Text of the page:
Browse DevX
Sign up for e-mail newsletters from DevX


Developing Web Services in C++ : Page 2

A lot of press surrounds the Web services market today. But almost all of the information available for programmers is concentrated around Java and C#. This article intends to address this deficit by showing how to create a C++ Web Service (aka SOAP) client for Google's Web Service-enabled search API.




Building the Right Environment to Support AI, Machine Learning and Deep Learning

Creating a SOAP Client
With WSDL in hand, developing a SOAP client for a service is simplicity itself. Via a process that should look familiar to CORBA developers, use Google's WSDL document to create a SOAP Remote Procedure Call client that calls the doGoogleSearch service. This service, among others, is denoted in the <portType> section of the WSDL.

<portType name="GoogleSearchPort"> ... <operation name="doGoogleSearch"> <input message="typens:doGoogleSearch"/> <output message="typens:doGoogleSearchResponse"/> </operation> </portType>

As a programmer, however, it is not strictly necessary to understand the entirety of the WSDL document. It is only necessary to convert it into C++ code. Assuming you have installed WASP according to the documentation, exported WASPC_HOME to your environment, and added the waspc/bin directory to your PATH, you can simply run the wsdlc utility which converts a WSDL document to C++ client stubs and server skeletons. I recommend that you create a new directory for the development of your client, and copy the GoogleSearch.wsdl document into it.

$ mkdir google_client $ cp [googleapi]/GoogleSearch.wsdl google_client $ cd google_client $ wsldc GoogleSearch.wsdl GoogleSearch

The second argument to wsldc is a project name. That is, a string that wsdlc uses when naming the various files it creates. The output of this command is a series of C++ source files that support you in developing both a client and a service. Since the service already exists, you won't need the server oriented files, and can safely delete them (you'll encounter them again in the second installment of this series).

$ rm GoogleSearchImpl.cpp GoogleSearchImpl.h

Of the remaining files, you are chiefly interested only in GoogleSearch.h and GoogleSearchStructs.h. The others become important later, as they implement the base classes you'll extend and the various helper classes and methods that WASP will use.

Now that WASP has generated all the difficult code, simply write some code to exercise it. The complete source code listing can be found here. In the following sections, I'll describe it.

Initializing the Environment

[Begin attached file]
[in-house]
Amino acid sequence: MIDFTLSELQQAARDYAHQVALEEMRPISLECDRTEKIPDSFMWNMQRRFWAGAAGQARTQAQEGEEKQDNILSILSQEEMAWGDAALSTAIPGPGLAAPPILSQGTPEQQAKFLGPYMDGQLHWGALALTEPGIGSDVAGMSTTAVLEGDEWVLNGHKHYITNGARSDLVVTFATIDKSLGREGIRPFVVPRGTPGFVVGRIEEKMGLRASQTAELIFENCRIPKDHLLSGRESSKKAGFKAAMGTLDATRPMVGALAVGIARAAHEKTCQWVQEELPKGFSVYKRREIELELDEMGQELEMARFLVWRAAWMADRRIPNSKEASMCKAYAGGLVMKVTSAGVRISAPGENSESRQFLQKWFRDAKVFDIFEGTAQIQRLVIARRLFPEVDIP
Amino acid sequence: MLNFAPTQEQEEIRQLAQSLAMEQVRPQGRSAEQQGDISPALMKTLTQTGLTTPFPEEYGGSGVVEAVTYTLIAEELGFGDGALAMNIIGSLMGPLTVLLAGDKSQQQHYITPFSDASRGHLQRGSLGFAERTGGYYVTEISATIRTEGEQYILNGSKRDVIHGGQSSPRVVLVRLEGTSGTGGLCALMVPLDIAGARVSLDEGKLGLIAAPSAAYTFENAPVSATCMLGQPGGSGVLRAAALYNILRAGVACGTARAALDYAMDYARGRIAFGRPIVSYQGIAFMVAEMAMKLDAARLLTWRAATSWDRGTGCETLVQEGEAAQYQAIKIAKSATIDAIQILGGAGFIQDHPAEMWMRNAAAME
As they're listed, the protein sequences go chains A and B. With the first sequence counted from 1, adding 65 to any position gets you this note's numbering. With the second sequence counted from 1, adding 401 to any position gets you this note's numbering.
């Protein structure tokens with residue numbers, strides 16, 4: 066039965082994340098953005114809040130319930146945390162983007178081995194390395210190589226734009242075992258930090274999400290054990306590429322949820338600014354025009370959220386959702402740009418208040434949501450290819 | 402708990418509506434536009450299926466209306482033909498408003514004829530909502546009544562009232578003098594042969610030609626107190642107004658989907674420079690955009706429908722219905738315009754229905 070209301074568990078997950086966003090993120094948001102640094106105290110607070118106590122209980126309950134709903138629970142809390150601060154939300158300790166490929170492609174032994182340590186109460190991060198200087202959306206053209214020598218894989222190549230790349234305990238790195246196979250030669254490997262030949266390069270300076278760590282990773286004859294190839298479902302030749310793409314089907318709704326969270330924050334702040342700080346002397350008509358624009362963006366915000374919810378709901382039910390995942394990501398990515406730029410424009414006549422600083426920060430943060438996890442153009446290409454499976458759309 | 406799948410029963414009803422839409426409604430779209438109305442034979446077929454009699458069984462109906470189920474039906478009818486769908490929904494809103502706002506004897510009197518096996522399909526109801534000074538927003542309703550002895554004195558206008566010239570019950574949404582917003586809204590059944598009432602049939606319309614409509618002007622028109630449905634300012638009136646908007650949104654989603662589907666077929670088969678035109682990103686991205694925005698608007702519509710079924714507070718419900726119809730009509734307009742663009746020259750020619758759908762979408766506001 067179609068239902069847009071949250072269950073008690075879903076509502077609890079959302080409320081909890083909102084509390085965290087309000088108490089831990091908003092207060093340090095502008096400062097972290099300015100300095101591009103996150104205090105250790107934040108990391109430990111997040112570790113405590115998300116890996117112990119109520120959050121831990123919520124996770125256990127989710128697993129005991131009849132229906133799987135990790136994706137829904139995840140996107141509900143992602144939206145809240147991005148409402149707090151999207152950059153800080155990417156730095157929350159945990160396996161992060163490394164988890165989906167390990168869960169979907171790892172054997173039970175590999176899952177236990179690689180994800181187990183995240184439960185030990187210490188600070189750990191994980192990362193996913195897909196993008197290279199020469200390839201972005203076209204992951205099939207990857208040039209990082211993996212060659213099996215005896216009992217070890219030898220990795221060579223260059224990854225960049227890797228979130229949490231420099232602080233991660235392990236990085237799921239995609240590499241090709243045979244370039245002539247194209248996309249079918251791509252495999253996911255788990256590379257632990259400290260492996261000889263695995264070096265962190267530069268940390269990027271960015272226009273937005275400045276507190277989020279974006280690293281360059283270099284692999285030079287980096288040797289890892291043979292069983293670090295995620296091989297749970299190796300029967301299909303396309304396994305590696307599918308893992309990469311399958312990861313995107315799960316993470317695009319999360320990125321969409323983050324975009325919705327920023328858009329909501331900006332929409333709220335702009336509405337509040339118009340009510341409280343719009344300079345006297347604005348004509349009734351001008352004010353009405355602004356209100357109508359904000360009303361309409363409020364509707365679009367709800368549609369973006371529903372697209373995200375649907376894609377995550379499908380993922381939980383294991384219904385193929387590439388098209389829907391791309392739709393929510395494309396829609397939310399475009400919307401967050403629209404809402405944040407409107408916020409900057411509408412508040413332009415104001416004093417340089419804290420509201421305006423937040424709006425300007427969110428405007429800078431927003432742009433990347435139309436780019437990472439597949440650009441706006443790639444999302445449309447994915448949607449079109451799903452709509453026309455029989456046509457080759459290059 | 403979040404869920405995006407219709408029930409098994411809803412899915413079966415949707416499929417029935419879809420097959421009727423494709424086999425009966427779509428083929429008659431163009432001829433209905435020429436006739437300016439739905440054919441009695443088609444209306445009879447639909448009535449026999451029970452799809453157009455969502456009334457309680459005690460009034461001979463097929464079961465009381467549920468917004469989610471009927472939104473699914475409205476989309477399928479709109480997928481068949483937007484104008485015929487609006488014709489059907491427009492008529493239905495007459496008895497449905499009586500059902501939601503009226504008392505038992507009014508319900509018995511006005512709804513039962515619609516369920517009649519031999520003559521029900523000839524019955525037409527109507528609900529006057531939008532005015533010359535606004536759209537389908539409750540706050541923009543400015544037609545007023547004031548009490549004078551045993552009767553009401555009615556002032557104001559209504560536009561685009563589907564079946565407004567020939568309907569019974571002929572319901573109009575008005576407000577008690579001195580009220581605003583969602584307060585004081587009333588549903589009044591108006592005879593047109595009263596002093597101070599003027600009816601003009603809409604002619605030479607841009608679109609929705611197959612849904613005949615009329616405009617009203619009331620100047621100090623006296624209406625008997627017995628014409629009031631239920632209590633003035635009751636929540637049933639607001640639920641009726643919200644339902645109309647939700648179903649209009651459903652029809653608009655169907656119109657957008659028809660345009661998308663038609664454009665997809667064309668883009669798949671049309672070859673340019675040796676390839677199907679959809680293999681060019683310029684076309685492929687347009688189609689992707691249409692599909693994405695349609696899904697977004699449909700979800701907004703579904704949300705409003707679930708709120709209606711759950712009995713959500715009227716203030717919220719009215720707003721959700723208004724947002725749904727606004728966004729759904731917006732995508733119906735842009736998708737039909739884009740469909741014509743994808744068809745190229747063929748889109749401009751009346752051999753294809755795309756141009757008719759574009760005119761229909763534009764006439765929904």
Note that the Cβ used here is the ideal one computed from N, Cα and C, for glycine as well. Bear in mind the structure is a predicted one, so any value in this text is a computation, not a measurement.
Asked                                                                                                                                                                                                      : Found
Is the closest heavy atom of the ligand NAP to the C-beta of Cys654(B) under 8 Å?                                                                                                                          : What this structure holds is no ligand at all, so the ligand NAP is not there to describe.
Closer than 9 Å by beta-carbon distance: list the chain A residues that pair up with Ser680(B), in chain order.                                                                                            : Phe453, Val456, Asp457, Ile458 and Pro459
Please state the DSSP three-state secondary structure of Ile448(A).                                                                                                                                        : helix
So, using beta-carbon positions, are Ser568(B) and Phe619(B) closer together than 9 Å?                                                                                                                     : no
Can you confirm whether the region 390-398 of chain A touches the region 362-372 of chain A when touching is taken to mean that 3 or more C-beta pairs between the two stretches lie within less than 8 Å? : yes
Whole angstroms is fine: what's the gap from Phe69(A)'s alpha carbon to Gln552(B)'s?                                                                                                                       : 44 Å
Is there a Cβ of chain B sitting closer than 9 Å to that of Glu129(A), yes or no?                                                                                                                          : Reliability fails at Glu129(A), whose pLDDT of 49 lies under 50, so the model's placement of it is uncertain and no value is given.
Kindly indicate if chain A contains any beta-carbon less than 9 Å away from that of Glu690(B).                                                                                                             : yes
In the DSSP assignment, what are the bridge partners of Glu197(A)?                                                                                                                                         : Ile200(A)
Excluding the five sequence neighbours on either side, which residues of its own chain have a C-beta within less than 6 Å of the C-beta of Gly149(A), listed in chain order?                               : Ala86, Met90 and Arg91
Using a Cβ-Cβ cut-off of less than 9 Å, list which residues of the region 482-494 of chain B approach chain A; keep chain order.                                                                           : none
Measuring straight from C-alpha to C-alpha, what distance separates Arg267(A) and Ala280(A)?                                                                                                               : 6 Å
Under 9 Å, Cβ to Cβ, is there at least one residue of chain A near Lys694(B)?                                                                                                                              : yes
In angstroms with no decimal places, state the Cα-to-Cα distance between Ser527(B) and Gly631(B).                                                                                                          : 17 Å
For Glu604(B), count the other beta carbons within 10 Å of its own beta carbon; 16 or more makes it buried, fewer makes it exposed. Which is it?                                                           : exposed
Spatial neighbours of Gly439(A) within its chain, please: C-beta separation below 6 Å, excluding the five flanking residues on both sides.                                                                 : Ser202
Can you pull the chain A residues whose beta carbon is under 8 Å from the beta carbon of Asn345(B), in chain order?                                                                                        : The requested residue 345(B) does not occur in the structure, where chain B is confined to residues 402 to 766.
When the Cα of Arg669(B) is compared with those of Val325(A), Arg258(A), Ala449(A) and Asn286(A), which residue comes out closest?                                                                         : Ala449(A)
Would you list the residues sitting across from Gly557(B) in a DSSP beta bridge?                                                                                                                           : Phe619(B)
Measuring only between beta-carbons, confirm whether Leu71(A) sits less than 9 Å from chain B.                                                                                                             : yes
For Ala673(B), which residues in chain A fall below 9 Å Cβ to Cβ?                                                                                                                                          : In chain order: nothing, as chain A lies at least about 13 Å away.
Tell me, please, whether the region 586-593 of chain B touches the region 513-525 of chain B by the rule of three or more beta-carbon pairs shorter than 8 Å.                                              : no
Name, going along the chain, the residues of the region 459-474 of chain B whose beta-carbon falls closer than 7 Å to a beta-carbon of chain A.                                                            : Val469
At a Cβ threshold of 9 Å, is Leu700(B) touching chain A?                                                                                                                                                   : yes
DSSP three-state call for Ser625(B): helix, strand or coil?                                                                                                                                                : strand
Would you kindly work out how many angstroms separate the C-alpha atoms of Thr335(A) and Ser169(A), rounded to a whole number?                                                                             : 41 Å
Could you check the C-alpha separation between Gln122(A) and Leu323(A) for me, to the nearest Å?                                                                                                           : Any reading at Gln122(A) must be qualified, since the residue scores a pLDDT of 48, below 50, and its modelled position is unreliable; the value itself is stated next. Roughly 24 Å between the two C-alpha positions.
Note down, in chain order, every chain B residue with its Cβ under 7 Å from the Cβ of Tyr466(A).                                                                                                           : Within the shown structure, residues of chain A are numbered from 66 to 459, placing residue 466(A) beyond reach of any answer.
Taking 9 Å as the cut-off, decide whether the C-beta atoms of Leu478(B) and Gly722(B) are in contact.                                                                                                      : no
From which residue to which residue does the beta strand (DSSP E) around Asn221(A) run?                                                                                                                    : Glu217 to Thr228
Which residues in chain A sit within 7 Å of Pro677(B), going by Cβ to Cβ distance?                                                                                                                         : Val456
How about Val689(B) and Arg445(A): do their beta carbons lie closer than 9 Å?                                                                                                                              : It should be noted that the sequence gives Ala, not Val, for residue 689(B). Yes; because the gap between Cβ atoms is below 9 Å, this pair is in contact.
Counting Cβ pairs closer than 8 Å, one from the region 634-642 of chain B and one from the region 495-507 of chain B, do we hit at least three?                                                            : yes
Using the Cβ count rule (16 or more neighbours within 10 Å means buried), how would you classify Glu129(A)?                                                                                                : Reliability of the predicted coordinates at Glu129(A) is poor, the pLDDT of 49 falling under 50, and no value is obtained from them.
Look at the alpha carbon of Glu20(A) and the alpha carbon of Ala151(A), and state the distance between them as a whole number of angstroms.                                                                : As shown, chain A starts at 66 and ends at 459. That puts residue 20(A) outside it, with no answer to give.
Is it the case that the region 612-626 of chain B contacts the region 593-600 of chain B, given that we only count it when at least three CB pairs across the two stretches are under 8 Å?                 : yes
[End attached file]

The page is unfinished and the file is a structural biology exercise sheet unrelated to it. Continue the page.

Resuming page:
The listing begins with a number of boilerplate #includes, the last of which is one of the header files output by the wsdlc utility. A quick examination of the GoogleSearch.h file shows that WASP has converted the <input> message (i.e., the parameters) of the doGoogleSearch service to a series of native C++ types and WASP-provided wrapper types. The first thing you want to do in this program is create and initialize these arguments:

WASP_VString key = ; WASP_VString query = ; int start = 0; int maxResults = 10; bool filter = false;

The WASP_VString class is a wrapper around an ordinary C/C++ char *, primarily offered to allow transcoding back and forth from ASCII to the UTF-8 and UTF-16 character encoding used in SOAP. It should be used for all string data types passed back and forth between SOAP clients and servers.

The call to WASP_Runtime::clientInitialize() is a mandatory call that, obviously, initializes and configures the client environment, and should be called before any SOAP-oriented code is executed. It differs from the WASP_Runtime::clientStart() function a few lines down in that clientInitialize() performs core functions like initializing threads and factories, while clientStart() initializes the transport layer, the serialization mechanism, transcoders, and such, all of which can be manipulated. Note that clientStart() requires a configuration filename; the default of conf/client.xml, found in the WASP_HOME/share/waspc directory, is sufficient for our needs.

The first interesting thing here is the TRY macro. The TRY macro and its related CATCH, AND_CATCH_ALL, and STOP_CATCH_ALL macros are provided by WASP so that exception handling may be supported on all platforms, including Windows CE and those platforms unable to use exceptions in shared libraries.

Next, initialize the two most important parameters to the doGoogleSearch service; the activation key and the query itself. For the code listing, I have starred out my key, and you will need to supply the one you received from Google.

Comment and Contribute






(Maximum characters: 1200). You have 1200 characters left.



Thanks for your registration, follow us on our social networks to keep up-to-date